On 25 April 2017, the operator responsibilities for the Asse II mine as well as the Konrad and Morsleben repositories were transferred to the Federal Company for Radioactive Waste Disposal (Bundesgesellschaft für Endlagerung mbH, BGE). This website of the Federal Office for Radiation Protection (BfS) will therefore no longer be updated and displays the status as on 24 April 2017. You will find current information at the BGE: www.bge.de
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The Konrad mine is the youngest of the former iron ore mines in the Salzgitter region. The iron ore deposit of the Gifhorn Trough extends over a length of about sixty kilometres and a width of eight to fifteen kilometres.
An important criterion for disposal is that the radioactive waste is not connected to the ground water. This is the case with the Konrad mine: mighty layers of argillaceous rock prevent the ground water from flowing into the mine.
The repository is sealed to groundwater by clayey rock. Existing waters are inclusions originating from the time the ore deposit formed.
The surface installations of the Konrad mine in Salzgitter-Bleckenstedt were built prior to shaft sinking or immediately thereafter in the 1950s and 1960s. Since 2007, comprehensive building measures have been carried out for the construction of the repository.
The Konrad mine has had a changeful history. That the iron ore deposit was discovered at all, was coincidental: When drilling for raw oil, iron ore was found instead of oil.
The iron ore deposit of the Konrad mine, where radioactive waste is to be disposed of, formed about 150 million years ago in the Jurassic period.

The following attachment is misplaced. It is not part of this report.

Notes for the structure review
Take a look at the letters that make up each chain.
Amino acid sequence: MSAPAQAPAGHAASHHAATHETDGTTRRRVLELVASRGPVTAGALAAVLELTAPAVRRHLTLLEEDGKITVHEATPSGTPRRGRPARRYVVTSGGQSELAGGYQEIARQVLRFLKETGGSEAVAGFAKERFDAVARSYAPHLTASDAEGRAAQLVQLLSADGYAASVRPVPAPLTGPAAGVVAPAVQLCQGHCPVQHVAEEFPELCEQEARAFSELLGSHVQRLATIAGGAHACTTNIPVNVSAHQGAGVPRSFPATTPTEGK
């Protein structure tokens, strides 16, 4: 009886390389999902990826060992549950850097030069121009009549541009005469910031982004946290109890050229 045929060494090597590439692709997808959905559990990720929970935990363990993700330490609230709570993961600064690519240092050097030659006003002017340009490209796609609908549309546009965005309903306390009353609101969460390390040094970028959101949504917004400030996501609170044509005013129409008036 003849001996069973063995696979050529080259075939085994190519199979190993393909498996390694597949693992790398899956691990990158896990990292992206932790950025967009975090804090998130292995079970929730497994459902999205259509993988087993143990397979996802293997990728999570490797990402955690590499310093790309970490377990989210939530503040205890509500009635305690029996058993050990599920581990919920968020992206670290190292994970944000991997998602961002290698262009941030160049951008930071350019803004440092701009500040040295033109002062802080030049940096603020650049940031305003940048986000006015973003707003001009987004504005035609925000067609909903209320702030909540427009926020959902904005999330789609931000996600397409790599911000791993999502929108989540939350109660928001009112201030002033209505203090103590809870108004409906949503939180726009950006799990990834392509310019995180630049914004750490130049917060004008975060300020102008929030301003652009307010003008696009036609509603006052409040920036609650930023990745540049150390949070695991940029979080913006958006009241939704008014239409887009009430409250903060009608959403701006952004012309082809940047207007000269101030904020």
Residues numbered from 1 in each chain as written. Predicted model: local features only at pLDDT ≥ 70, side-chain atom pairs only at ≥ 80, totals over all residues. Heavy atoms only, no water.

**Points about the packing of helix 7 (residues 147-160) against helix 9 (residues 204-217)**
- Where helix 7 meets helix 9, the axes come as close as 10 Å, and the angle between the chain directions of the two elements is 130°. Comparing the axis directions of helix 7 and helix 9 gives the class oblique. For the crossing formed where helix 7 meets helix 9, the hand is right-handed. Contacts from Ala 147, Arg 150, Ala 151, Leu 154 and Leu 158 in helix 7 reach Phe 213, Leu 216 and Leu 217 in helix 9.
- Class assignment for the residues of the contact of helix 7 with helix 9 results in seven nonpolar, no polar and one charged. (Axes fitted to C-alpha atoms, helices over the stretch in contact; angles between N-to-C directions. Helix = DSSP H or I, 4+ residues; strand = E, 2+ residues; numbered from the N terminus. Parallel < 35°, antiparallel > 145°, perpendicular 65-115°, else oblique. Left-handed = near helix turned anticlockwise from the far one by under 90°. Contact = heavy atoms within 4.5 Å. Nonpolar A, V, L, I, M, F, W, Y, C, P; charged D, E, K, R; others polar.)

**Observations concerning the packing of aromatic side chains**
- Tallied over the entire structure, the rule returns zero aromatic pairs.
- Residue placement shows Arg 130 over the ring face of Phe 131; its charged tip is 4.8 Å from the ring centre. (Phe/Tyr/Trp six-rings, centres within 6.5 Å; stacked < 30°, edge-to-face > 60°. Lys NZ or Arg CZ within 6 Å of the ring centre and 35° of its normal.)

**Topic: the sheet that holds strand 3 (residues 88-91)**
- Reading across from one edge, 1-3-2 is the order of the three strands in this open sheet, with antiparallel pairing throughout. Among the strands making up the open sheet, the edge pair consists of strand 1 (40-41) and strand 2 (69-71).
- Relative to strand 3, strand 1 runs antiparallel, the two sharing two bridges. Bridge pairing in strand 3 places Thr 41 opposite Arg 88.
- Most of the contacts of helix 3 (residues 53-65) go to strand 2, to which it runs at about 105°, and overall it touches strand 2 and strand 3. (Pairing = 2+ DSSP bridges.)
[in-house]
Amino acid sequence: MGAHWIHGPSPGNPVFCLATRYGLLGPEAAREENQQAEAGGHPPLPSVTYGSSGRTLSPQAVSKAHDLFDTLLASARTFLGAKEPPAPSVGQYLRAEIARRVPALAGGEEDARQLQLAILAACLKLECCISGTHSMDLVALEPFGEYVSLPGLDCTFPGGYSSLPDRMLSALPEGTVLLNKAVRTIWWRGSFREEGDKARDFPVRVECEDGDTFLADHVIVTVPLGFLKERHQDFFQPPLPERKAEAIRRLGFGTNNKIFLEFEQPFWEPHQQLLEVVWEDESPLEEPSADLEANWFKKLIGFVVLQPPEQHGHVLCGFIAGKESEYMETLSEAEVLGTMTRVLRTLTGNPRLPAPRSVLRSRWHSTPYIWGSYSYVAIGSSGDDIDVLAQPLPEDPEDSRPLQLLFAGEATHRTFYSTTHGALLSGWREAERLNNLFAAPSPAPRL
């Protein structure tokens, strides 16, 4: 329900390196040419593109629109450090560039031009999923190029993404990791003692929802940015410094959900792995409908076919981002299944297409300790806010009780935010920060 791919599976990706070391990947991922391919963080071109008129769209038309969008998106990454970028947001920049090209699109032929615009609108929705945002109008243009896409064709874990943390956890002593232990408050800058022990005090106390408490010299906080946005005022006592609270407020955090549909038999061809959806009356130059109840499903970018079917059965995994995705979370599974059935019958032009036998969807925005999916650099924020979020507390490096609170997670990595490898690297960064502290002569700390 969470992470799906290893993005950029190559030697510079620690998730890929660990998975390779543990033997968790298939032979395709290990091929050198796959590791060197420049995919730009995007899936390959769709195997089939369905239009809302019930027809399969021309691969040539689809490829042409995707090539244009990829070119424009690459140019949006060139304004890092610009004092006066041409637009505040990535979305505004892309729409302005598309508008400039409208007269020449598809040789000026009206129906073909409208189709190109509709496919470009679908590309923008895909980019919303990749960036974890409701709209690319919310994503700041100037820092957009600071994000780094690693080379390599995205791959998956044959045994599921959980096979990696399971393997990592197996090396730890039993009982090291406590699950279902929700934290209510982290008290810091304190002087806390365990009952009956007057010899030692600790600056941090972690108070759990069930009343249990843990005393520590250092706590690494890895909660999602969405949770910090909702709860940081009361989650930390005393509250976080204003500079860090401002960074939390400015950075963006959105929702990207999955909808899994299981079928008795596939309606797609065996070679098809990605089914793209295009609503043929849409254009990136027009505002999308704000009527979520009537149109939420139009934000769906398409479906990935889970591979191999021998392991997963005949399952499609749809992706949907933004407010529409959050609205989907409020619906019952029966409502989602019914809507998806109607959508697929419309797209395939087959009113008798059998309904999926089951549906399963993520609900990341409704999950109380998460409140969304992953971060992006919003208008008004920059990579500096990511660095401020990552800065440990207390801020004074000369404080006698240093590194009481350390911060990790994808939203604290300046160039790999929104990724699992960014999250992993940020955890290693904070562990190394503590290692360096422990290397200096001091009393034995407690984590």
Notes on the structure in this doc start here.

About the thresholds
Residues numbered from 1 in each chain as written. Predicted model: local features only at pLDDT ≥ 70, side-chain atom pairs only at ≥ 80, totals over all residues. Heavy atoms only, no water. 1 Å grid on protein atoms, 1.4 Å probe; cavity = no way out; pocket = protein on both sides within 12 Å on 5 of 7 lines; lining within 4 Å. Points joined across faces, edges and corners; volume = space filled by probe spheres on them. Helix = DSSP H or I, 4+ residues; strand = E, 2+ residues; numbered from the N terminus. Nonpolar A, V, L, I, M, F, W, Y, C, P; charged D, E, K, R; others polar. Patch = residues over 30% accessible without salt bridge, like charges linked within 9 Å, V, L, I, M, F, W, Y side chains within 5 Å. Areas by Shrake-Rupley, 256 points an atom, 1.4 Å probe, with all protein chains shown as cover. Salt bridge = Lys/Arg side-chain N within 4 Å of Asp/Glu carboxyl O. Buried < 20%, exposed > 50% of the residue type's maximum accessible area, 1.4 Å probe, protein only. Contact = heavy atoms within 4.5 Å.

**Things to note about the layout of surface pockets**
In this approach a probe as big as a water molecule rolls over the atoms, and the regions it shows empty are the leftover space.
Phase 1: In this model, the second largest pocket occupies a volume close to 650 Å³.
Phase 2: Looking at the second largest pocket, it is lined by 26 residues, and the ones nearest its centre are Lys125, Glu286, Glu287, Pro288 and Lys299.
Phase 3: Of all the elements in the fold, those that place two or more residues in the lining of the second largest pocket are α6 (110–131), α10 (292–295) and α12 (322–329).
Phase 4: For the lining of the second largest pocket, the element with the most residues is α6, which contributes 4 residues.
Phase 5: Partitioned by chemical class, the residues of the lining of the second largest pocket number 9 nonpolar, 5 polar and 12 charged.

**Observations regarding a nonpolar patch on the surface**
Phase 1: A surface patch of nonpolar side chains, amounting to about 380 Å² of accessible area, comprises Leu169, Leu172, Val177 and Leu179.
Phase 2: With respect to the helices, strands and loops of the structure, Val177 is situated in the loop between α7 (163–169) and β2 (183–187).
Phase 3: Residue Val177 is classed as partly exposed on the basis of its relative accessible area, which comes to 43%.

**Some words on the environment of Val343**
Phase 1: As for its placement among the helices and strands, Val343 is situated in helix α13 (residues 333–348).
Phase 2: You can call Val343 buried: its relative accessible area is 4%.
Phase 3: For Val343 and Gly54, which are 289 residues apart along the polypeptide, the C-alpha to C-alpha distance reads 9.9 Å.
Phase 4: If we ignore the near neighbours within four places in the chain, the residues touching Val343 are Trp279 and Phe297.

The Konrad site is located in a tectonically undisturbed zone in Germany. The last relevant tectonic movements in the vicinity of the site took place about five million years ago.
In a depth of 800 to 1,300 metres of the Konrad mine there are iron ore deposits where one intends to dispose of the radioactive waste. Compared with other iron ore mines, Konrad is exceptionally dry. The covering layer of clay rocks, which is 160 to 400 m thick, seals the mine against the groundwater near the surface and the Salzgitter branch canal.
Up until now, there is no operable and licensed repository for radioactive waste available in Germany. Already today, however, waste has been stored in decentralised interim storage facilities. For the Federal Office for Radiation Protection (BfS) it is natural to examine possible risks emanating from the transports of radioactive waste to the Konrad repository and to have as much knowledge of them as possible – irrespective of the fact that the BfS does neither carry out nor license the transports.